Evaluation of an expanded case definition for vaccine-modified measles in a school outbreak in South Korea in 2010.

Korea Centers for Disease Control and Prevention, Chungcheongbuk-do, Republic of Korea.
Japanese journal of infectious diseases 09/2012; 65(5):371-5. DOI: 10.7883/yoken.65.371
Source: PubMed

ABSTRACT In this study, we have described the clinical characteristics of vaccine-modified measles to assess the performance of an expanded case definition in a school outbreak that occurred in 2010. The sensitivity, specificity, and the positive and negative predictive values were evaluated. Among 74 cases of vaccine-modified measles, 47 (64%) met the original case definition. Fever and rash were observed in 73% (54/74); fever was the most common (96%, 71/74) presenting symptom, and rash was noted in 77% (57/74) of the cases. The original case definition showed an overall sensitivity of 63.5% and a specificity of 100.0%. The expanded case definition combining fever and rash showed a higher sensitivity (72.9%) but a lower specificity (88.2%) than the original. The presence of fever and one or more of cough, coryza, or conjunctivitis scored the highest sensitivity among the combinations of signs and symptoms (77.0%), but scored the lowest specificity (52.9%). The expanded case definition was sensitive in identifying suspected cases of vaccine-modified measles. We suggest using this expanded definition for outbreak investigation in a closed community, and consider further discussions on expanding the case definition of measles for routine surveillance in South Korea.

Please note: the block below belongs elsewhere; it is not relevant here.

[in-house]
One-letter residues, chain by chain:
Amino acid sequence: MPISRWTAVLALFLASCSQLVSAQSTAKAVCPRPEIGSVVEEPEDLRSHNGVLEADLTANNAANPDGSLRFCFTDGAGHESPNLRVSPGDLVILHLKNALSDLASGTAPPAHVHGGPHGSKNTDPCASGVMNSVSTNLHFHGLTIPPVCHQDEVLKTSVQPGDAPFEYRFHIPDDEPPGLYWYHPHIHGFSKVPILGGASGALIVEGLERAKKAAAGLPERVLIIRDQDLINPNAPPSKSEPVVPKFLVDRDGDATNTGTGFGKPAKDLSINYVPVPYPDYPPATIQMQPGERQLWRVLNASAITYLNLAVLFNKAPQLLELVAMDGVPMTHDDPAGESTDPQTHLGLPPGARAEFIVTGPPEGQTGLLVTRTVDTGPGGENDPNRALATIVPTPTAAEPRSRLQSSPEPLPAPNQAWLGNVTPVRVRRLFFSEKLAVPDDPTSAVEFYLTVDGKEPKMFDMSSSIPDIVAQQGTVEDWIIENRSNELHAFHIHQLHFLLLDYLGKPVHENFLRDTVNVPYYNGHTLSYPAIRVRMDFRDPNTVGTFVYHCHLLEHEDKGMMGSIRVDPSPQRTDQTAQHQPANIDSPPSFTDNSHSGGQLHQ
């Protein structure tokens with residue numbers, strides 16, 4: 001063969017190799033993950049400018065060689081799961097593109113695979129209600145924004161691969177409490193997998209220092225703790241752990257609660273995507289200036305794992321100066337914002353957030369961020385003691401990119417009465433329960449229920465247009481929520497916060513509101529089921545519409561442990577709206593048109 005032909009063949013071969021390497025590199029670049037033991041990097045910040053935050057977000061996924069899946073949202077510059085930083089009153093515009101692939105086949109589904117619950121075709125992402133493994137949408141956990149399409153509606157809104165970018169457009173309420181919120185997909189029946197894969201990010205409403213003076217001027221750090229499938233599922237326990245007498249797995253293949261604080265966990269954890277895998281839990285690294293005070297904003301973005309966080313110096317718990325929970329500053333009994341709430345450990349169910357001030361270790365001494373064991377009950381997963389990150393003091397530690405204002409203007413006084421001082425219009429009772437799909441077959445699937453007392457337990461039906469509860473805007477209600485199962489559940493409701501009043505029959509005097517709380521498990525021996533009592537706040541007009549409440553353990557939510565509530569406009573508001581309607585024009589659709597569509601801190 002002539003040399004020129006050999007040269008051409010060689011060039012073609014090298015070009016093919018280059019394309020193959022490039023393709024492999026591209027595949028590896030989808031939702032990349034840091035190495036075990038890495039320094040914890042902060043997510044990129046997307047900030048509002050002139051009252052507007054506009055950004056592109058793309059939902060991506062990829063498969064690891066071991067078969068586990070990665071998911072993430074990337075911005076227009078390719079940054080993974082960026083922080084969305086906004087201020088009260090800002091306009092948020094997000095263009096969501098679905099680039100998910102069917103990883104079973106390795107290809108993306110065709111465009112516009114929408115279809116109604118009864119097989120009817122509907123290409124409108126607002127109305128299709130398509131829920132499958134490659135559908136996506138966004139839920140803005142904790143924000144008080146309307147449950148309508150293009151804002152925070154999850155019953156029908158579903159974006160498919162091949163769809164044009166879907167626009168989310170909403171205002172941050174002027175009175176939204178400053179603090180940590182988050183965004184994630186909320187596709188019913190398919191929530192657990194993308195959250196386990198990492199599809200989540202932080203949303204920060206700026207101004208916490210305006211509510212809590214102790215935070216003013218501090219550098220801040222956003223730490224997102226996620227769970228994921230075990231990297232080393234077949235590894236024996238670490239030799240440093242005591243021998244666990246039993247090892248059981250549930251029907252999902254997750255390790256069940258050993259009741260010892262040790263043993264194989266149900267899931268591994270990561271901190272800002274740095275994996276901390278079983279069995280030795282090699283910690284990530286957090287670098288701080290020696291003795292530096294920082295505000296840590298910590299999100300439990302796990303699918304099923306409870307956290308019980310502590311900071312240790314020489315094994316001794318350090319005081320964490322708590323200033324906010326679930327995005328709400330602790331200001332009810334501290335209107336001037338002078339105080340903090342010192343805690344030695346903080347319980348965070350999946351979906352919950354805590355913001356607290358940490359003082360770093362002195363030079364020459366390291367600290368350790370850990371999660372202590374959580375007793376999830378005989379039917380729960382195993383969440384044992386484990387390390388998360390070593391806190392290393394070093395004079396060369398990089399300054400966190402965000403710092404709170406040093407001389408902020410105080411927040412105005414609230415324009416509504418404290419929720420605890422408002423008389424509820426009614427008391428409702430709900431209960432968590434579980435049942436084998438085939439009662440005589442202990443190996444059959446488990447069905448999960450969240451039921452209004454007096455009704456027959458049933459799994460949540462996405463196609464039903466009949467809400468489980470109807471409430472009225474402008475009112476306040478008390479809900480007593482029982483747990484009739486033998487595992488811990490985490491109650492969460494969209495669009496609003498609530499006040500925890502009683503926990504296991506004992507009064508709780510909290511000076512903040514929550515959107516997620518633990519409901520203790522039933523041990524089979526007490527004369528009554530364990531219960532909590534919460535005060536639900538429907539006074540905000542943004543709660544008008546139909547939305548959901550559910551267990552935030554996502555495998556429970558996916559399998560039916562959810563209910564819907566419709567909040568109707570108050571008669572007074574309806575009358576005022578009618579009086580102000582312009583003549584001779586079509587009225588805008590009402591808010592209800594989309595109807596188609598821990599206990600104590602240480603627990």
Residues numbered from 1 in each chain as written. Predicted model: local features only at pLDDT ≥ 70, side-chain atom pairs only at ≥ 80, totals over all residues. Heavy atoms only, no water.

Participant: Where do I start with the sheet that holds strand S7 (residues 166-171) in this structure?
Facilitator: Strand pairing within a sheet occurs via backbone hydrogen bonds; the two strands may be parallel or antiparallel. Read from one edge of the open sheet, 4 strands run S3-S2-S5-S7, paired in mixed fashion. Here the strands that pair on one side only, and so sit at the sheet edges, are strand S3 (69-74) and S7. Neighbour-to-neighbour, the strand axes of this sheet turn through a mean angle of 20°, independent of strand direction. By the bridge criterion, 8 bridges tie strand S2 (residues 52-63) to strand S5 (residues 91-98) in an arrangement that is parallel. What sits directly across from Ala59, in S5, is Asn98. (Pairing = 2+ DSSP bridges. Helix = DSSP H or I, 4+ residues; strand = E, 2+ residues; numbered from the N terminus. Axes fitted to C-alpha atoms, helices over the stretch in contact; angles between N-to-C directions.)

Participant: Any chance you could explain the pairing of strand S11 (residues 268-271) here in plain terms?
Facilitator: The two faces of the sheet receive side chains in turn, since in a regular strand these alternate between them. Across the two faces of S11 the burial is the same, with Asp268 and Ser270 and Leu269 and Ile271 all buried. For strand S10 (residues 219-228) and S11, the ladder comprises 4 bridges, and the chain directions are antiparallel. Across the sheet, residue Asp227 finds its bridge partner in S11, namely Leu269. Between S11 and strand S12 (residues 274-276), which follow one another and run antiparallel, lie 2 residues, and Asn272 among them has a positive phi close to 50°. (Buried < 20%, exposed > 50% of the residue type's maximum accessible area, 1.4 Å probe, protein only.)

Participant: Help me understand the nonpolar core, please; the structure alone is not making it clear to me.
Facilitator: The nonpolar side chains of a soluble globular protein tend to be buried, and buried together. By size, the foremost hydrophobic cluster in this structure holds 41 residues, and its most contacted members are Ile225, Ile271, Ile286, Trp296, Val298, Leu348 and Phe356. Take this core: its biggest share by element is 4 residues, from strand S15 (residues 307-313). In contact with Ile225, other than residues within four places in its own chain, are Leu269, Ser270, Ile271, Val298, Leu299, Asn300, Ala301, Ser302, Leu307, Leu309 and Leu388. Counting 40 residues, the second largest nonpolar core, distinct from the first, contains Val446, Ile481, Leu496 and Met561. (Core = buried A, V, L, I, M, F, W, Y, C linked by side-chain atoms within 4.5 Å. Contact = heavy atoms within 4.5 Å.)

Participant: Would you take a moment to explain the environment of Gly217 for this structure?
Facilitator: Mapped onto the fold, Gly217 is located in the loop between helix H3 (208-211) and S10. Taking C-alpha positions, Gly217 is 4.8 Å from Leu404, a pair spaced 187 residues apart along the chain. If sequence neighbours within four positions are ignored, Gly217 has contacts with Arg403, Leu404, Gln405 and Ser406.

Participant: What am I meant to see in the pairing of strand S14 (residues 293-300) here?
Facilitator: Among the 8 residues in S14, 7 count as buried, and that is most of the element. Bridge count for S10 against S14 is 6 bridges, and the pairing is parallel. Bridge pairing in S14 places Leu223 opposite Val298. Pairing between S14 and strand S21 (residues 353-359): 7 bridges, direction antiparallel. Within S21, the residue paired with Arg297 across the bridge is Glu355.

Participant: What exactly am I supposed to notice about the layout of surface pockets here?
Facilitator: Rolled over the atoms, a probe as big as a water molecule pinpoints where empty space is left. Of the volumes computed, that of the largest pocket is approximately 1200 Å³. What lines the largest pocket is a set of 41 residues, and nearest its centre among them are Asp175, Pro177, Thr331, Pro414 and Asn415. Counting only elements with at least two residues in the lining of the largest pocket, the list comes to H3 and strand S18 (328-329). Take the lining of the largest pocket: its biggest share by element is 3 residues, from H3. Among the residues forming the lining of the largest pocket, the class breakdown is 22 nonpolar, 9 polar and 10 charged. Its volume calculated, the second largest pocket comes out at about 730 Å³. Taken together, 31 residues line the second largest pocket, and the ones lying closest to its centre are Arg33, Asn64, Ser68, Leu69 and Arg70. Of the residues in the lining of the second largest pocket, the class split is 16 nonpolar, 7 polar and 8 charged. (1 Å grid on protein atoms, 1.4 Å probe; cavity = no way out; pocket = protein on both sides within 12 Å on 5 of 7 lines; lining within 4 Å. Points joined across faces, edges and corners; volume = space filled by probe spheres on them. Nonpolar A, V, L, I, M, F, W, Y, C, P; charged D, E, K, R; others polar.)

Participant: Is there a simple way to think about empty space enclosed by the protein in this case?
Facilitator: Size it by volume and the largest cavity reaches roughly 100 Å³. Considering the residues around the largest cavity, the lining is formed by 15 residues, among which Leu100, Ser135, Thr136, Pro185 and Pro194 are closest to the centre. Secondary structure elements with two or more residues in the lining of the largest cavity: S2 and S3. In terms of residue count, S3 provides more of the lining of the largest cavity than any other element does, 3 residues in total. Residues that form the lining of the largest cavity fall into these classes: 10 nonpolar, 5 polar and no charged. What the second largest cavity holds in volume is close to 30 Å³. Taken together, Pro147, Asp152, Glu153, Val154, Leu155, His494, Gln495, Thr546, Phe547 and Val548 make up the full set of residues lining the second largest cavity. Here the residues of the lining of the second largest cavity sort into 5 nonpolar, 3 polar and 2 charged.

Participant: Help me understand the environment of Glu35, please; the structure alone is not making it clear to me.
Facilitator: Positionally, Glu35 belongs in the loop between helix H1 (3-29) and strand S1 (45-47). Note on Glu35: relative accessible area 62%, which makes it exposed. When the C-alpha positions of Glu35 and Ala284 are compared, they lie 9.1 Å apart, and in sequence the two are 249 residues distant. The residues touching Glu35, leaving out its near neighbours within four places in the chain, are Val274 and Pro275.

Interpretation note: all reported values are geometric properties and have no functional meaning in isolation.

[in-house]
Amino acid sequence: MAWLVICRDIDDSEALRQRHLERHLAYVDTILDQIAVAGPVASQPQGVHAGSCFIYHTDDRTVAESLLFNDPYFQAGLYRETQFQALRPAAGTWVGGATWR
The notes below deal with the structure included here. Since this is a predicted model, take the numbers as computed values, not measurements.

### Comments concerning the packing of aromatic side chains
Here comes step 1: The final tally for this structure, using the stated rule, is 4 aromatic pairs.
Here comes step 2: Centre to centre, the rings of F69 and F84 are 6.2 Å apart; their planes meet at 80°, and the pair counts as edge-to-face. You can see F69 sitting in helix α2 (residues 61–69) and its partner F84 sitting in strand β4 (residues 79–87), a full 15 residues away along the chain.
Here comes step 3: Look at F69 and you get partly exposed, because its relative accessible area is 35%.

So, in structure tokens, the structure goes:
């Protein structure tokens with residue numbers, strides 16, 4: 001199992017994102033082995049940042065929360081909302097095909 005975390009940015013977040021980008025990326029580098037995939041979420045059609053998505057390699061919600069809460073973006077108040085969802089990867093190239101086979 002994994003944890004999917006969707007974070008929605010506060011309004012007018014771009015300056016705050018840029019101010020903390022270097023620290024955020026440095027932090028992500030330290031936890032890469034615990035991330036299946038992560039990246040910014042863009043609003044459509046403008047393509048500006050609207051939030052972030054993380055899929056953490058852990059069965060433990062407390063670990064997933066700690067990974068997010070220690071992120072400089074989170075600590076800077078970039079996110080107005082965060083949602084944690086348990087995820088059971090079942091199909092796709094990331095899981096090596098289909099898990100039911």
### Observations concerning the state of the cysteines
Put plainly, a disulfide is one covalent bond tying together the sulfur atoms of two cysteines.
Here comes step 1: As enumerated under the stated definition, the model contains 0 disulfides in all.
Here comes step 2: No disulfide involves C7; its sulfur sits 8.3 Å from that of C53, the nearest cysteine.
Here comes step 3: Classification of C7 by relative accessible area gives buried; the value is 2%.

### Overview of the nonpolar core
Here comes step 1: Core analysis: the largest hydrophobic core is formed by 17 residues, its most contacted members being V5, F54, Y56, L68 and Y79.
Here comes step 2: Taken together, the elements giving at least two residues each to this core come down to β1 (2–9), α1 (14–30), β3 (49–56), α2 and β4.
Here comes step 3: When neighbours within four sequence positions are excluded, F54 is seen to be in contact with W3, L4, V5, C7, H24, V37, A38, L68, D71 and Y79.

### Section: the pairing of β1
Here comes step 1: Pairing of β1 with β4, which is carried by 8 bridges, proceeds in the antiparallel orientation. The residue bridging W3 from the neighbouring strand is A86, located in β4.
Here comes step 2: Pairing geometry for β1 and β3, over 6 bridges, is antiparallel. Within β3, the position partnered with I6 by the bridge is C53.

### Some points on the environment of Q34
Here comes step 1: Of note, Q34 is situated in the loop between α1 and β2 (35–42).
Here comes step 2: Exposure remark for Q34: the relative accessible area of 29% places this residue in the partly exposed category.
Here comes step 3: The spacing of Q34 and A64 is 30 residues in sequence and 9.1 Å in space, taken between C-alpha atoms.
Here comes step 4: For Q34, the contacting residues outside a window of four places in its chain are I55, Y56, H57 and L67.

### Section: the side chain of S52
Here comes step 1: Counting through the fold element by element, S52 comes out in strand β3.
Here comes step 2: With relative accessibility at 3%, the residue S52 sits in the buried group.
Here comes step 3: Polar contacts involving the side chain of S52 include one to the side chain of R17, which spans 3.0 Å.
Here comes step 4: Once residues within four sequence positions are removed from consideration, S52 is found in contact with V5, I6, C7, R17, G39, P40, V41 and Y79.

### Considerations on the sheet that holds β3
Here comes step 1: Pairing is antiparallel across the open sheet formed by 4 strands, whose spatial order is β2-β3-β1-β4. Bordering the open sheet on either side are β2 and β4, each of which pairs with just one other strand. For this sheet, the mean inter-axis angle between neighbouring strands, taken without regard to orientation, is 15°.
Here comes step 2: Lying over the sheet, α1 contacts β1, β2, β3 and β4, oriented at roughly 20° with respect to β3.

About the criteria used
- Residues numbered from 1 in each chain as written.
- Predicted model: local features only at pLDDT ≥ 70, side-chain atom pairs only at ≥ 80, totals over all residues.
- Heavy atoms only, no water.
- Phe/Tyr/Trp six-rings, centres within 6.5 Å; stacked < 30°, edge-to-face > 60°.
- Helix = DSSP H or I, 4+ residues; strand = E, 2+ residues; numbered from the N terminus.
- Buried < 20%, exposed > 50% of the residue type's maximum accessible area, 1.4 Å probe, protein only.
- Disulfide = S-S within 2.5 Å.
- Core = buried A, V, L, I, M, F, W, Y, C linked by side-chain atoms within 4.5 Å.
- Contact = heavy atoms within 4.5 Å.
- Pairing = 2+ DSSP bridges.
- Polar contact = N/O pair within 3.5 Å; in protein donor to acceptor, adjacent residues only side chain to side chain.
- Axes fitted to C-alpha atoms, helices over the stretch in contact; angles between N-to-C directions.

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    ABSTRACT: OBJECTIVE: Since the start of 2010 there has been a flare-up of measles in France, following on the resurgence observed in 2008. The aim of this study was to present results of the epidemiological surveillance of measles in the French armed forces in metropolitan France and to describe the outbreak that occurred in 2010 and 2011. METHODS: Criteria for report were those used for French national compulsory notification. The data, concerning active military personnel, were derived from epidemiological surveillance from 1992 to 2011 for the incidence rates and from notification forms completed in 2010 and 2011 by the military practitioners for the description of characteristics of cases. RESULTS: Between January 1992 and July 2010, 833 cases of measles were reported. Since 2002, the mean incidence rate had been 1 case p.100,000. A significant increase in incidence was observed in 2010 (10.1 p.100,000) and in 2011 (41.4 p.100,000). Clusters of cases accounted for 72.3% of cases. Rates were much higher among subjects under 30. Only 68.6% of cases had been previously vaccinated with at least one dose of MMR vaccine. The mean vaccine coverage among contacts of cases was approximated to 54.3%. CONCLUSIONS: The outbreak of measles observed in 2010 and 2011 in the French armed forces followed the same pattern as that observed nationally and at European level, and can be seen as the likely consequence of inadequate vaccination coverage.
    The Journal of infection 11/2012; 66(3). DOI:10.1016/j.jinf.2012.11.012 · 4.13 Impact Factor


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